Earning a 3.96 grade point average while working two jobs and volunteering is difficult for many college students under customary circumstances. Now imagine fitting all of that into just three years instead of four. That is the story of Desiann Anglin’s
college career at the University of Hartford.
Anglin, a senior studying health science in the University’s College of Education, Nursing and Health Professions (ENHP),
arrived on campus with 28 credits that she earned while in high school in her native Jamaica. She originally expected to graduate in three-and-a-half years, but realized she could eliminate another semester if she were organized and planned ahead. With the help of Claudia Oakes, assistant professor of health sciences, she carefully analyzed her schedule each semester to make sure she was on track. Anglin admits it was challenging, but she wants other students to know that they too can graduate in less than four years.
“It’s possible,” Anglin says. “You just have to manage your time and believe in yourself, but also, know your limits. Don’t go overboard.”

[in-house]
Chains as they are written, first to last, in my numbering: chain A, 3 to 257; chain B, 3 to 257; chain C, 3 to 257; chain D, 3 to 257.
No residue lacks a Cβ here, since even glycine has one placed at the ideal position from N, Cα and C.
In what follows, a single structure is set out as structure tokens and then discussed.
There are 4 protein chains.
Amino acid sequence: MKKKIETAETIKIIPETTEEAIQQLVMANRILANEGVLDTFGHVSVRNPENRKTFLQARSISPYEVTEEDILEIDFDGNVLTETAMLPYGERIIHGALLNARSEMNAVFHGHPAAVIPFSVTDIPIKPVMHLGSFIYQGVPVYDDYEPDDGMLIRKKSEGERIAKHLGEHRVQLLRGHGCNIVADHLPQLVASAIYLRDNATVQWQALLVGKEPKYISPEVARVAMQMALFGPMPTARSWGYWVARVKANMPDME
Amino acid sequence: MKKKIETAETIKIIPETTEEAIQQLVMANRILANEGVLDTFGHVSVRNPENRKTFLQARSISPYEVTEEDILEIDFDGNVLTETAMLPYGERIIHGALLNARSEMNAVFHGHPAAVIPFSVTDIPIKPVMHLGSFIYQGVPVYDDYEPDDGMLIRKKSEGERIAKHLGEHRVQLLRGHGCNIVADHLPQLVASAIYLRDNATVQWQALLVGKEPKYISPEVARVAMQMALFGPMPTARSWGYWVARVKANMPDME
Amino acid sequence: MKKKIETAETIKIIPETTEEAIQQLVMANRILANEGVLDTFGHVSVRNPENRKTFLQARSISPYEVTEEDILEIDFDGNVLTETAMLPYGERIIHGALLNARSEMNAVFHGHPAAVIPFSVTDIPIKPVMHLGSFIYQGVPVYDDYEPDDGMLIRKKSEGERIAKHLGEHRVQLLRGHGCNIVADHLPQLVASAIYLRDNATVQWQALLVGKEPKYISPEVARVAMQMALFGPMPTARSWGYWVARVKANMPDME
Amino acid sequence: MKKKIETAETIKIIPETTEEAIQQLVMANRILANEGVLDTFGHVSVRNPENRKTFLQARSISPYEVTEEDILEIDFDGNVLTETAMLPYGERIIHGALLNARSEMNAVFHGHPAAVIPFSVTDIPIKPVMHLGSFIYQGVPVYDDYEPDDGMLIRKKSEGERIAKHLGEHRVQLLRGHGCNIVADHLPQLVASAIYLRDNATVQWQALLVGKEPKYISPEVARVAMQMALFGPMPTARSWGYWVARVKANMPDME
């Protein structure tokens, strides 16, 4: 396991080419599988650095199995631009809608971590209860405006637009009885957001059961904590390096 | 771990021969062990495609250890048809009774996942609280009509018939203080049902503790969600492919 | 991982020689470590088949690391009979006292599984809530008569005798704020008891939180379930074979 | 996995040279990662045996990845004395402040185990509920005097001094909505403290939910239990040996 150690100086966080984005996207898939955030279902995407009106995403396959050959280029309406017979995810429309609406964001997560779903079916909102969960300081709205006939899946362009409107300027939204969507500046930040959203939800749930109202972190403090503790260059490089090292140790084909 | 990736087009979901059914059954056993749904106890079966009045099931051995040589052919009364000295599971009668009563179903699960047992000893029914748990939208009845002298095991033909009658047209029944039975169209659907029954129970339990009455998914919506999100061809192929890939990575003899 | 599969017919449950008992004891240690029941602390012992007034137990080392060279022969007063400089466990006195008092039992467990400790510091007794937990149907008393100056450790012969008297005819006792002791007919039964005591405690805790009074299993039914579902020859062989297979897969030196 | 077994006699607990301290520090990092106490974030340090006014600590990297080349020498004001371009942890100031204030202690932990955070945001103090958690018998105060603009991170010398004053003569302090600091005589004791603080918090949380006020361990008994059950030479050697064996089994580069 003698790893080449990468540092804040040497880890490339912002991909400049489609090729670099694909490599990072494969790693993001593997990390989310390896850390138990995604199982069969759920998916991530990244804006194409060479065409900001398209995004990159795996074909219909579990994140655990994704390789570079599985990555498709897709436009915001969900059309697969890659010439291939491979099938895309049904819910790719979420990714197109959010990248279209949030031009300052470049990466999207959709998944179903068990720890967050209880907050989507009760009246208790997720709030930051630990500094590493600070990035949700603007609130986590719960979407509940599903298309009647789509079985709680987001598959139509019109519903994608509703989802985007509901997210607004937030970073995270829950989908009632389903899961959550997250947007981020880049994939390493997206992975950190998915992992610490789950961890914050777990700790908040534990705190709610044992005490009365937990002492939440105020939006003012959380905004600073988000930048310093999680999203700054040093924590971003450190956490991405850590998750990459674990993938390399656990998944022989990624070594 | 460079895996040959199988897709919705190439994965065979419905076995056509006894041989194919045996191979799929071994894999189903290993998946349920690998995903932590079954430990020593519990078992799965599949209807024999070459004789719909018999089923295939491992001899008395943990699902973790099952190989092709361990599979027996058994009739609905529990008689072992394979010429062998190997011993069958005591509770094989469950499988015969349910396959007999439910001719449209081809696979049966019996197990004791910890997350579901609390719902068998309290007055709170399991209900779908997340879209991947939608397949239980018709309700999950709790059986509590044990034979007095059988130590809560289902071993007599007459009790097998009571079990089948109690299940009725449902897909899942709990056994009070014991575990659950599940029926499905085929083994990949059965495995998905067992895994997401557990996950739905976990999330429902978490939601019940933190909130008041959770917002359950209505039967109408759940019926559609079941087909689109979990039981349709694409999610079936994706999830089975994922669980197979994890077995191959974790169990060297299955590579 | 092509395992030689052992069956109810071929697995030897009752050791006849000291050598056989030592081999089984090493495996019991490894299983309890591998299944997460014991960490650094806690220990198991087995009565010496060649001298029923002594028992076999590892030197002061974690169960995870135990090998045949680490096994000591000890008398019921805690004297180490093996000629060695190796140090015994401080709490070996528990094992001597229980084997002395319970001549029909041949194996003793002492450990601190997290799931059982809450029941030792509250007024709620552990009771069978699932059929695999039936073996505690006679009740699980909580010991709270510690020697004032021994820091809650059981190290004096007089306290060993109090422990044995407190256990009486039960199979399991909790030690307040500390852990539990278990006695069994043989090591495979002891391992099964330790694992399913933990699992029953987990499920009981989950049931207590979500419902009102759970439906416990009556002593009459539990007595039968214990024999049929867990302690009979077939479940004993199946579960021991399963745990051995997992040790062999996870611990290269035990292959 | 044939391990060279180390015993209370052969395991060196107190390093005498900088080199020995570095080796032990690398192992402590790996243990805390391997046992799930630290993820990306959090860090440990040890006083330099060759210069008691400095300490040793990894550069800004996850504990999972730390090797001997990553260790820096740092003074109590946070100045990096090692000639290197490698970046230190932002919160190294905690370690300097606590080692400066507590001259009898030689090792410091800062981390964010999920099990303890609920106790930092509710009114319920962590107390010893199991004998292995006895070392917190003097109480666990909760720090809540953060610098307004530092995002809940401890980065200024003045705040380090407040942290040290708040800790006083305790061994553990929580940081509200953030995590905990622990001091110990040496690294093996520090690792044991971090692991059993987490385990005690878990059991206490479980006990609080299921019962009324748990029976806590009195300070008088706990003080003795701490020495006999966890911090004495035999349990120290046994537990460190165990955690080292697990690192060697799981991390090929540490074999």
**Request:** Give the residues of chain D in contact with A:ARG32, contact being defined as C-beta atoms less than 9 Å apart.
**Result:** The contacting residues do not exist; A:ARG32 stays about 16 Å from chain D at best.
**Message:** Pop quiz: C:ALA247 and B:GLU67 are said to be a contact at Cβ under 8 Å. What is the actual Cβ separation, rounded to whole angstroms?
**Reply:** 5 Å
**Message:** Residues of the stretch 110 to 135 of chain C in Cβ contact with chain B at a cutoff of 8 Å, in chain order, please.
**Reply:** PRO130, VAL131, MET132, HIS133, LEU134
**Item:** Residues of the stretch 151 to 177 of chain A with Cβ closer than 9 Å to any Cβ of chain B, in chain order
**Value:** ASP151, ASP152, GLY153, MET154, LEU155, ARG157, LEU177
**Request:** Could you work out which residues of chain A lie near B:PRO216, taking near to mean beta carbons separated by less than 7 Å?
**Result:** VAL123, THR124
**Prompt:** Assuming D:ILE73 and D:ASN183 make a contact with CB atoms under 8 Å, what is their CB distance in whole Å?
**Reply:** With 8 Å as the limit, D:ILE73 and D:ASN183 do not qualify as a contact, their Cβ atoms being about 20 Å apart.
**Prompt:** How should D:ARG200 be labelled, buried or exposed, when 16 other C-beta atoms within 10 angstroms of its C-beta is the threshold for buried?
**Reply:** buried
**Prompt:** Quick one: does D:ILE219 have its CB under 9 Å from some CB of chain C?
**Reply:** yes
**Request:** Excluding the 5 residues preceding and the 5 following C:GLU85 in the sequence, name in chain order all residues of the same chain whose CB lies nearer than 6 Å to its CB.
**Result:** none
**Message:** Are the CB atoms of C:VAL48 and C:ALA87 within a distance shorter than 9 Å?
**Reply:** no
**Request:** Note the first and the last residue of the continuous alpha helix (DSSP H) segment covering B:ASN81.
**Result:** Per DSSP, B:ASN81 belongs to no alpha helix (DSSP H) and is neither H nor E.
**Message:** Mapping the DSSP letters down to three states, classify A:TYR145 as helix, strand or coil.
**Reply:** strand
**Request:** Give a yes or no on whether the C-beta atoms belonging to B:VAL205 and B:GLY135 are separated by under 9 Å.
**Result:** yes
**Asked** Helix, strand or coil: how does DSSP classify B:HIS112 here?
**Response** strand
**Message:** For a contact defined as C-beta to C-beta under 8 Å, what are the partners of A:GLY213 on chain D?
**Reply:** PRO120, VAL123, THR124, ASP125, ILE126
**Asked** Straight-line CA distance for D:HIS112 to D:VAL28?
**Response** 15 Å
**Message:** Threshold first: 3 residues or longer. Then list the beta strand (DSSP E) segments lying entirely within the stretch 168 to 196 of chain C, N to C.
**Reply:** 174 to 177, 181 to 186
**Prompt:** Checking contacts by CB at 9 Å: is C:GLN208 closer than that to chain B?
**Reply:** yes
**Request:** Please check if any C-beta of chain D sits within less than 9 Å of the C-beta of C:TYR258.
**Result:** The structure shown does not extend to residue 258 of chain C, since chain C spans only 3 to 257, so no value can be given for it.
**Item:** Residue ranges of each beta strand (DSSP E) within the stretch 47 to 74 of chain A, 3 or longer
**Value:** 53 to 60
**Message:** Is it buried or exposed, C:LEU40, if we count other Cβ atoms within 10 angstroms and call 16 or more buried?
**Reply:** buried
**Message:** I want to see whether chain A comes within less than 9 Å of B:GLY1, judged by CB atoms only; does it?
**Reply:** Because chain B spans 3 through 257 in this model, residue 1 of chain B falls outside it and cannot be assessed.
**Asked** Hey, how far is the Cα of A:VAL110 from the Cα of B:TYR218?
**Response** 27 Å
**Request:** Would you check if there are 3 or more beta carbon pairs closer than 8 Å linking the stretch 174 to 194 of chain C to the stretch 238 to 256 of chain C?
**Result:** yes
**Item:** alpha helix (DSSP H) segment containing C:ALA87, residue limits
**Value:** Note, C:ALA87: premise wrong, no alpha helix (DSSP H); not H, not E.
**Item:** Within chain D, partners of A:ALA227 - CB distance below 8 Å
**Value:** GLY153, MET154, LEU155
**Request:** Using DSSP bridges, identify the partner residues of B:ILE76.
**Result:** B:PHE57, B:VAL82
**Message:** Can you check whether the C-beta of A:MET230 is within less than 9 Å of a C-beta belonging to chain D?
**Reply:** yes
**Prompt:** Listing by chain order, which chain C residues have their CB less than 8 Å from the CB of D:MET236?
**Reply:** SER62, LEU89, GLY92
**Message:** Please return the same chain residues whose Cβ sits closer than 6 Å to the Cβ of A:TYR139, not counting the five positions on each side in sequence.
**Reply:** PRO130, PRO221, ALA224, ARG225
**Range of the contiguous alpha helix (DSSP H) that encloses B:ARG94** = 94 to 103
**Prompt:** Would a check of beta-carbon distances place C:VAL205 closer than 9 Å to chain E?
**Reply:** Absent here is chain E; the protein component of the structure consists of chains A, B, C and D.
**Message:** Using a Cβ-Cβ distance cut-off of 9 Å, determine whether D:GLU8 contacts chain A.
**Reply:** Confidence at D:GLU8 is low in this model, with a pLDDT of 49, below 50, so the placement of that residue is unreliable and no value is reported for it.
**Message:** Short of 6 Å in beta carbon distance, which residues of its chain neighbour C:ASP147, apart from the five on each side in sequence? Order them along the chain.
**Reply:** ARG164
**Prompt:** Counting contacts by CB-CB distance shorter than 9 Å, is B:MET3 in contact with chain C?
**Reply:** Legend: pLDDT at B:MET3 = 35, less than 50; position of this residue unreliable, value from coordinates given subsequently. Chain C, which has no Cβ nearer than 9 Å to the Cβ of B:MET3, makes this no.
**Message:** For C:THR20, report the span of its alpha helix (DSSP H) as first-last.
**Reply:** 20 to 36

Anglin acknowledges she may have taken too many credits during the first semester that she worked as a resident assistant for the Office of Residential Life, but she says that only helped her improve her time management skills. Now she works a second job at the University’s Lincoln Theater and does some tutoring on the side.
Even within that jam-packed class and work schedule, she also found time to shadow physical therapists at three different clinics, including one on campus. It was through these volunteer opportunities that she realized she wanted to pursue a career in physical therapy.
“I always knew I wanted to be in healthcare but I didn’t know what area,” Anglin explains. “When I was shadowing, I realized I really loved what I was doing. The patients were so open with me. They loved to share their stories. I was connected to the patients and I really loved that.”
Anglin, who will be attending graduate school at the MGH Institute of Health Professions in Boston starting this summer, received the University’s 2014 Regents Honors Award for the highest grade point average as a junior in ENHP. She made the Dean’s List and the President’s Honors List every semester. She is also a member of WELCorps, a leadership program for undergraduate female students that is sponsored by the University’s Women’s Education and Leadership Fund (WELFund).